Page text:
• Radiography testing:¬†This technique uses X- or gamma-radiation to pinpoint flaws by sending radiation into an asset and observing results on a shadowgraph.
  • Leak testing:¬†If a vessel leaks, you can use leak testing to determine where the defects lie.
  • Liquid penetrant testing:¬†Liquid penetrant testing uses a dye to visually reveal any issues and a fluorescent light to further examine them.
  • Eddy current testing:¬†This electromagnetic testing method is used to measure a material’s magnetic field for the strength of eddy, or electrical, currents to locate defects.

Non-destructive testing methods are increasing in popularity and are used in all of the following industries:

  • Medicine
  • Art
  • Oil and gas
  • Electrical engineering
  • Aerospace
  • Chemicals
  • Petroleum
  • Forensics
  • Power generation
  • Mining
  • Automotive
  • Maritime
  • Mechanical engineering
  • Construction

Advantages of Non-Destructive Testing

Advantages of Non-Destructive Testing

Non-destructive tests are the ideal methods for testing assets across practically every industry. This technique comes with many advantages that you can’t find with destructive testing.

If you’re debating whether to conduct non-destructive or destructive tests for your company, consider the many benefits of NDT.

Reduced Material Waste

Perhaps the greatest benefit of non-destructive testing is that this process leaves the test sample completely functional while still providing useful insights. That means less wasted resources. Unlike destructive testing, you don’t have to dispose of your materials after testing them. This factor is particularly beneficial for companies testing expensive or limited materials, as they won’t suffer any considerable losses.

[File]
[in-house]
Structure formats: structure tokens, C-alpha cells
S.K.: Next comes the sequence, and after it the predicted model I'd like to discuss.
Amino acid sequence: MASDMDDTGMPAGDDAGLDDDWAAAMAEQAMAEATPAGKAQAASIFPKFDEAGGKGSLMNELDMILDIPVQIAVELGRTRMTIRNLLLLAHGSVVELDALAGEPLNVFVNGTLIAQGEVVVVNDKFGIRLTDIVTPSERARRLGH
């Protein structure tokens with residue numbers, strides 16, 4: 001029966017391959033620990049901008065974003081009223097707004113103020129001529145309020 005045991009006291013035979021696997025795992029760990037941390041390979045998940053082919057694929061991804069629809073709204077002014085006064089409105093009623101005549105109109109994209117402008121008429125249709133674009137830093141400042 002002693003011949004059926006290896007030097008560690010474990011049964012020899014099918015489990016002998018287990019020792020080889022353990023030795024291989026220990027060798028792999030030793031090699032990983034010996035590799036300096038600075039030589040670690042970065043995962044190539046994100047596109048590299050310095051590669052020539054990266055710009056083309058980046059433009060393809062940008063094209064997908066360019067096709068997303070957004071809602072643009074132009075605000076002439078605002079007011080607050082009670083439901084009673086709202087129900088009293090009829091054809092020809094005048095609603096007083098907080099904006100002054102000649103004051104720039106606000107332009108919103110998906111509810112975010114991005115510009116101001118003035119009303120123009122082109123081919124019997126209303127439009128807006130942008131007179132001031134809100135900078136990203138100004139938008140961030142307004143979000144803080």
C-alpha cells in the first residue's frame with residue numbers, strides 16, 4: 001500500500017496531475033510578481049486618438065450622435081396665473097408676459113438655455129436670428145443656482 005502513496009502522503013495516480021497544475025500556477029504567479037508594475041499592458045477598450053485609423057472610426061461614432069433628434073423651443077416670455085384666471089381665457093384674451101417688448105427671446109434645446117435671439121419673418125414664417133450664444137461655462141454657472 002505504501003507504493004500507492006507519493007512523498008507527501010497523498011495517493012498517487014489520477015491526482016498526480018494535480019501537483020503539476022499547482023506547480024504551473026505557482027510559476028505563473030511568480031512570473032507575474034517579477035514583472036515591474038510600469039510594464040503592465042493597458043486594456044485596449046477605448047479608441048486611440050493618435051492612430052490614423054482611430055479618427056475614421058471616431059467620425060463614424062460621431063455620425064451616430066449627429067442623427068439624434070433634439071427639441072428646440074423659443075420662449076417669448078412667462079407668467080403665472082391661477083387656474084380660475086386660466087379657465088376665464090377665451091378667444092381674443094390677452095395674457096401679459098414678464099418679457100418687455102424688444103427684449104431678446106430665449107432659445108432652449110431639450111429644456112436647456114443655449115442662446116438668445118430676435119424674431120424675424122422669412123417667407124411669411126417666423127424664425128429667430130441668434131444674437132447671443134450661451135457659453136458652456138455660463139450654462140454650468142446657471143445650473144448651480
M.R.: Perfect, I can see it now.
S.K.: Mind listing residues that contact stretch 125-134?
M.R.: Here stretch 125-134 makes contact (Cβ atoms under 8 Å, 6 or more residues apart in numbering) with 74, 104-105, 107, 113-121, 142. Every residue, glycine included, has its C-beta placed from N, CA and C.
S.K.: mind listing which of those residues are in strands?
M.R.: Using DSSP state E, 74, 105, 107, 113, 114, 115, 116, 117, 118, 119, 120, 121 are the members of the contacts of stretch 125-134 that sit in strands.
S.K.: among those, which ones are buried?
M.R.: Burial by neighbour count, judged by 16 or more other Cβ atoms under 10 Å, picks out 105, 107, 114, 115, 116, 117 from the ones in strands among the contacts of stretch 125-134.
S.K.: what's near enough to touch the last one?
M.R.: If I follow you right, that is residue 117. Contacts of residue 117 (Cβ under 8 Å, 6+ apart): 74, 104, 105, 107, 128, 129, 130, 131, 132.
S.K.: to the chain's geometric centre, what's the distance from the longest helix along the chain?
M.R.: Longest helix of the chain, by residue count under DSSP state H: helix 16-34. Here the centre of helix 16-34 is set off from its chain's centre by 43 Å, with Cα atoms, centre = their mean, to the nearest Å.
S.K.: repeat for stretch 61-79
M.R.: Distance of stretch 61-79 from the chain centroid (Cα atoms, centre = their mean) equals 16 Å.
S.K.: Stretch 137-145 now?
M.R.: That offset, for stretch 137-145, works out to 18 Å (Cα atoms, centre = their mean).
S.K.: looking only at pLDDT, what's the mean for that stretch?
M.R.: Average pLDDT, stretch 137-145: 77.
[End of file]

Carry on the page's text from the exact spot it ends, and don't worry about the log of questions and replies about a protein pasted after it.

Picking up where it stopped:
Cost Efficiency

Because non-destructive testing preserves test specimens, it results in significant cost savings. With these test methods, you can save money on materials and replacement costs instead of enduring losses through destructive tests.

Using non-destructive testing to identify potential machine problems before malfunctions occur will also save you money by preventing costly equipment repairs and replacements in the future.

Minimal Downtime

Non-destructive processes are highly efficient and take considerably less time to perform than destructive testing. That’s because, with NDT, there’s no need to break down materials for testing purposes or perform repeated manual tests.

You can also test materials while they’re still in use, meaning you won’t have to cease operations during testing, minimizing downtime.

Increased Safety

Non-destructive testing helps companies identify potential issues and determine whether components require improvements or repairs. These tests ensure that machines operate safely, preventing accidents on the job site. When your systems function as they should, you maintain a safe and secure work environment.

Reliable Results

Non-destructive tests detect material defects with high accuracy, producing reliable results. Using these outcomes, you can gain valuable insights regarding product performance and behavior and make adjustments as needed. With more reliable testing and modification comes better product manufacturing.

Choose Fujifilm for Your NDT Needs

Choose Fujifilm for Your NDT Needs

You can experience superior non-destructive testing imaging quality through state-of-the-art solutions from¬†FUJIFILM North America Corporation.¬†Our NDT equipment, including film, digital detector arrays (DDTs) and computed radiology (CR) solutions, produce clear images that you can easily view on our innovative software. We’re proud to provide top-quality products and services that help¬†to advance the consumer,¬†healthcare¬†and¬†business industries¬†while delivering improved health and environmental protection.

When you choose Fujifilm as your go-to NDT imaging solutions provider, you’ll reduce inspection downtime and unnecessary material waste while improving the performance and quality of products. We also offer training programs so your team can learn how to meet the applicable industry requirements.

Contact us to inquire about our non-destructive testing solutions today!